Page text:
From her account, Waid’s speech was about the importance of having a public domain, and his point was that, originally, copyright existed to give creators an exclusive right to their work for a reasonable time and then release it to the public domain. “No one would argue that the world isn’t better by being able to see a Renoir for free,” MacDonald quoted Waid as saying, adding, “Now big corporations use copyright extended under the illusion it helps us all. Giving back to public domain helps culture, says Waid.” As for file sharing, Waid says, it’s “legit” to worry about it but “it isn’t going away. We can’t stop it and we’re entering the sharing era.” (All quotes drawn from MacDonald’s tweets.)
After the ceremony, MacDonald reported, Waid and cartoonist Sergio Aragones had some sort of heated discussion, although it ended in a hug. She caught up with Aragones after everyone was thrown out of the bar and did a quick interview:
Cleveland | Claudio Sanchez of the band Coheed and Cambria and writer of Amory Wars and the upcoming Kill Audio will sign at Carol & John’s Comic Book Shop from 2 to 3 p.m.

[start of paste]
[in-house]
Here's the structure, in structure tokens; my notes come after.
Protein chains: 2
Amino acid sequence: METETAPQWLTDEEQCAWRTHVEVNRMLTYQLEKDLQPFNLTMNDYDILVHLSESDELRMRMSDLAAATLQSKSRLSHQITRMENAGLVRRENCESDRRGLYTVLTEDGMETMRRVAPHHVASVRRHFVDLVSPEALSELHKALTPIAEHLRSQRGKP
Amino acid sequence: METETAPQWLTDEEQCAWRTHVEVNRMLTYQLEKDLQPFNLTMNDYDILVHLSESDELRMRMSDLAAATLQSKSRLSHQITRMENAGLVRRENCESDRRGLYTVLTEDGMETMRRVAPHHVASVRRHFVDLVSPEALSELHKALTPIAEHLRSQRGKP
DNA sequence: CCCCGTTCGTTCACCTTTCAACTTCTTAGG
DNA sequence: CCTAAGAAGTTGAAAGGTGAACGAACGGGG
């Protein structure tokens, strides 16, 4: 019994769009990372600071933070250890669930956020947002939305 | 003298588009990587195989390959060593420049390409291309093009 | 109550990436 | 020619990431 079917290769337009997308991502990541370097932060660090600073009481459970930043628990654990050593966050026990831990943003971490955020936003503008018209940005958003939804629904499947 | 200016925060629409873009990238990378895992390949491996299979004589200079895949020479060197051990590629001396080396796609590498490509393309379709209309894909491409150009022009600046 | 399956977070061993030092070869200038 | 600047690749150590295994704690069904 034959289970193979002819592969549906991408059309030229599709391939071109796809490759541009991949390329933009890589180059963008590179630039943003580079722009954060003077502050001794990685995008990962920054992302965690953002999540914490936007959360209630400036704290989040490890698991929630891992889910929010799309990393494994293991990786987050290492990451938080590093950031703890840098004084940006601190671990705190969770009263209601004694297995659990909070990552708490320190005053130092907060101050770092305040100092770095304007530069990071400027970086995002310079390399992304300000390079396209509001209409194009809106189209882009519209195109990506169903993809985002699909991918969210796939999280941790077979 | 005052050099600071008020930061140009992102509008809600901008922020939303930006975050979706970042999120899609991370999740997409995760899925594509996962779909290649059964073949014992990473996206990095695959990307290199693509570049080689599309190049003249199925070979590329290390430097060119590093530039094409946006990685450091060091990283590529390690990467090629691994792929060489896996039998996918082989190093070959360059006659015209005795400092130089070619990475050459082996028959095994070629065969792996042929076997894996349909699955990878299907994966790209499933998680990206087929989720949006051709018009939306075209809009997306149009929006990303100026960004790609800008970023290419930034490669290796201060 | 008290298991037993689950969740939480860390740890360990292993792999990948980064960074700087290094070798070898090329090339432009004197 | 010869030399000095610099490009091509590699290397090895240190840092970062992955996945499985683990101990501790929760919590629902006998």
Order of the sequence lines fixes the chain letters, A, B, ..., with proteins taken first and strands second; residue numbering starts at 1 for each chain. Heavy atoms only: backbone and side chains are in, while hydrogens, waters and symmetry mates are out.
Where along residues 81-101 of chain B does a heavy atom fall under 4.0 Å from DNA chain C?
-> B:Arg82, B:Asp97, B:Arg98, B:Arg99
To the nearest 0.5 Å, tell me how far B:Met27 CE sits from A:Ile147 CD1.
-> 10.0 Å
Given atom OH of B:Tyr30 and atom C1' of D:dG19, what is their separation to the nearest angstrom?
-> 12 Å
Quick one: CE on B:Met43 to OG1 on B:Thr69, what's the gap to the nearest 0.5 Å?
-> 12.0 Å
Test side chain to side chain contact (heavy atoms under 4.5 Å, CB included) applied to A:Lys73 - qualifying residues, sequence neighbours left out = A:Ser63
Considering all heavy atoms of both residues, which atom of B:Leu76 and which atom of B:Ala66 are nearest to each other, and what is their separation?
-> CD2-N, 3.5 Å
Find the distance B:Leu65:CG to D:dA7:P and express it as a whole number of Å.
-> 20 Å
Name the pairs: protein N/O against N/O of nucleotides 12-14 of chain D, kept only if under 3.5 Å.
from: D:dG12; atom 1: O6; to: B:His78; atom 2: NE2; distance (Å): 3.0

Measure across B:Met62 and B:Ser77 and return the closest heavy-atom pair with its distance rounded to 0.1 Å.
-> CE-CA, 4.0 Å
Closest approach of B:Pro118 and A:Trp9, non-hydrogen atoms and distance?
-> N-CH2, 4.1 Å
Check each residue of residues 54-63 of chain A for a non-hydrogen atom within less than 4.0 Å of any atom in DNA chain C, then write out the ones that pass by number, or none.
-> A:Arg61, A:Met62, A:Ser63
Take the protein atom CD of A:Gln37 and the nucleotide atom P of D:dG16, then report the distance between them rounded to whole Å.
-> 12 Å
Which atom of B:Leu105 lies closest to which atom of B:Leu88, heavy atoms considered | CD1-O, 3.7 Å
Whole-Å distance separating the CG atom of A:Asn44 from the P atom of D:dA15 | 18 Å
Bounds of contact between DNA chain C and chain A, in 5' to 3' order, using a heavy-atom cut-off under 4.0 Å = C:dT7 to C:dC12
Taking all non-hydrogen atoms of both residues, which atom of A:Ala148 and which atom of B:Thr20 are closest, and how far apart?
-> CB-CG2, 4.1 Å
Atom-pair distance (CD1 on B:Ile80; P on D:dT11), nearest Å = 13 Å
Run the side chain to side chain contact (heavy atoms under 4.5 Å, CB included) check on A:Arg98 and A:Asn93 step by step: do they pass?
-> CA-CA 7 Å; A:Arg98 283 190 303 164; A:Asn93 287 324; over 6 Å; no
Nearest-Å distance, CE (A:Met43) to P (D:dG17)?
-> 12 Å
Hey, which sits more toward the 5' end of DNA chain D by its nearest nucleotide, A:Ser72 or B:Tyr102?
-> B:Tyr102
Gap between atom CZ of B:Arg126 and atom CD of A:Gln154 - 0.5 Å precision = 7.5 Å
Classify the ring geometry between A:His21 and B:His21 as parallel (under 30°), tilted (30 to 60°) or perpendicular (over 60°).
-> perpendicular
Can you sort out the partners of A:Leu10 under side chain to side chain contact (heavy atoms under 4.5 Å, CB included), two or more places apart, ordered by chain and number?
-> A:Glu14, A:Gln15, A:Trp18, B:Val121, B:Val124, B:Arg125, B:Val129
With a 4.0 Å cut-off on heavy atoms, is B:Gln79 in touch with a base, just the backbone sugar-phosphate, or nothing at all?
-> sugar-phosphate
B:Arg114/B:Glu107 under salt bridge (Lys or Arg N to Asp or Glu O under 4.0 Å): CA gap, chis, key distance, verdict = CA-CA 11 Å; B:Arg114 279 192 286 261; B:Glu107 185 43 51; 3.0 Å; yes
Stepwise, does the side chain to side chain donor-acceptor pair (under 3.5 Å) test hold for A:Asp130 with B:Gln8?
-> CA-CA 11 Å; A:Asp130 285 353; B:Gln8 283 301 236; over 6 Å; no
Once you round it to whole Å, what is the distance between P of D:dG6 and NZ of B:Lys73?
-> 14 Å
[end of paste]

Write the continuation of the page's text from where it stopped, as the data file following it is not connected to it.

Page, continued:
Los Angeles | Nick Simmons will sign copies of Incarnate #1 at Golden Apple Comics from 1 to 3 p.m.
Ojai, Calif. | Opening reception for the Sergio Aragones art exhibit at the Ojai Valley Museum. This event is sold out, but the art exhibit runs through Oct. 4.
Orlando | The Mini MegaCon kicks off at 10 .m. and runs through Sunday. Guests include Darwyn Cooke, Jeff Parker, Chuck Dixon, Jimmy Palmiotti, Amanda Conner, Dick Giordano and many more.
Pittsfield, Mass. | The Storefront Artist Project hosts Todd Dezago from noon to 2 p.m. for a class on “Story Structure and the Language of Comics,” followed by a signing at 3p.m. by Howard Cruse.
San Francisco | The San Francisco Zine Fest kicks off at 11 a.m. and runs through tomorrow at the County Fair Building.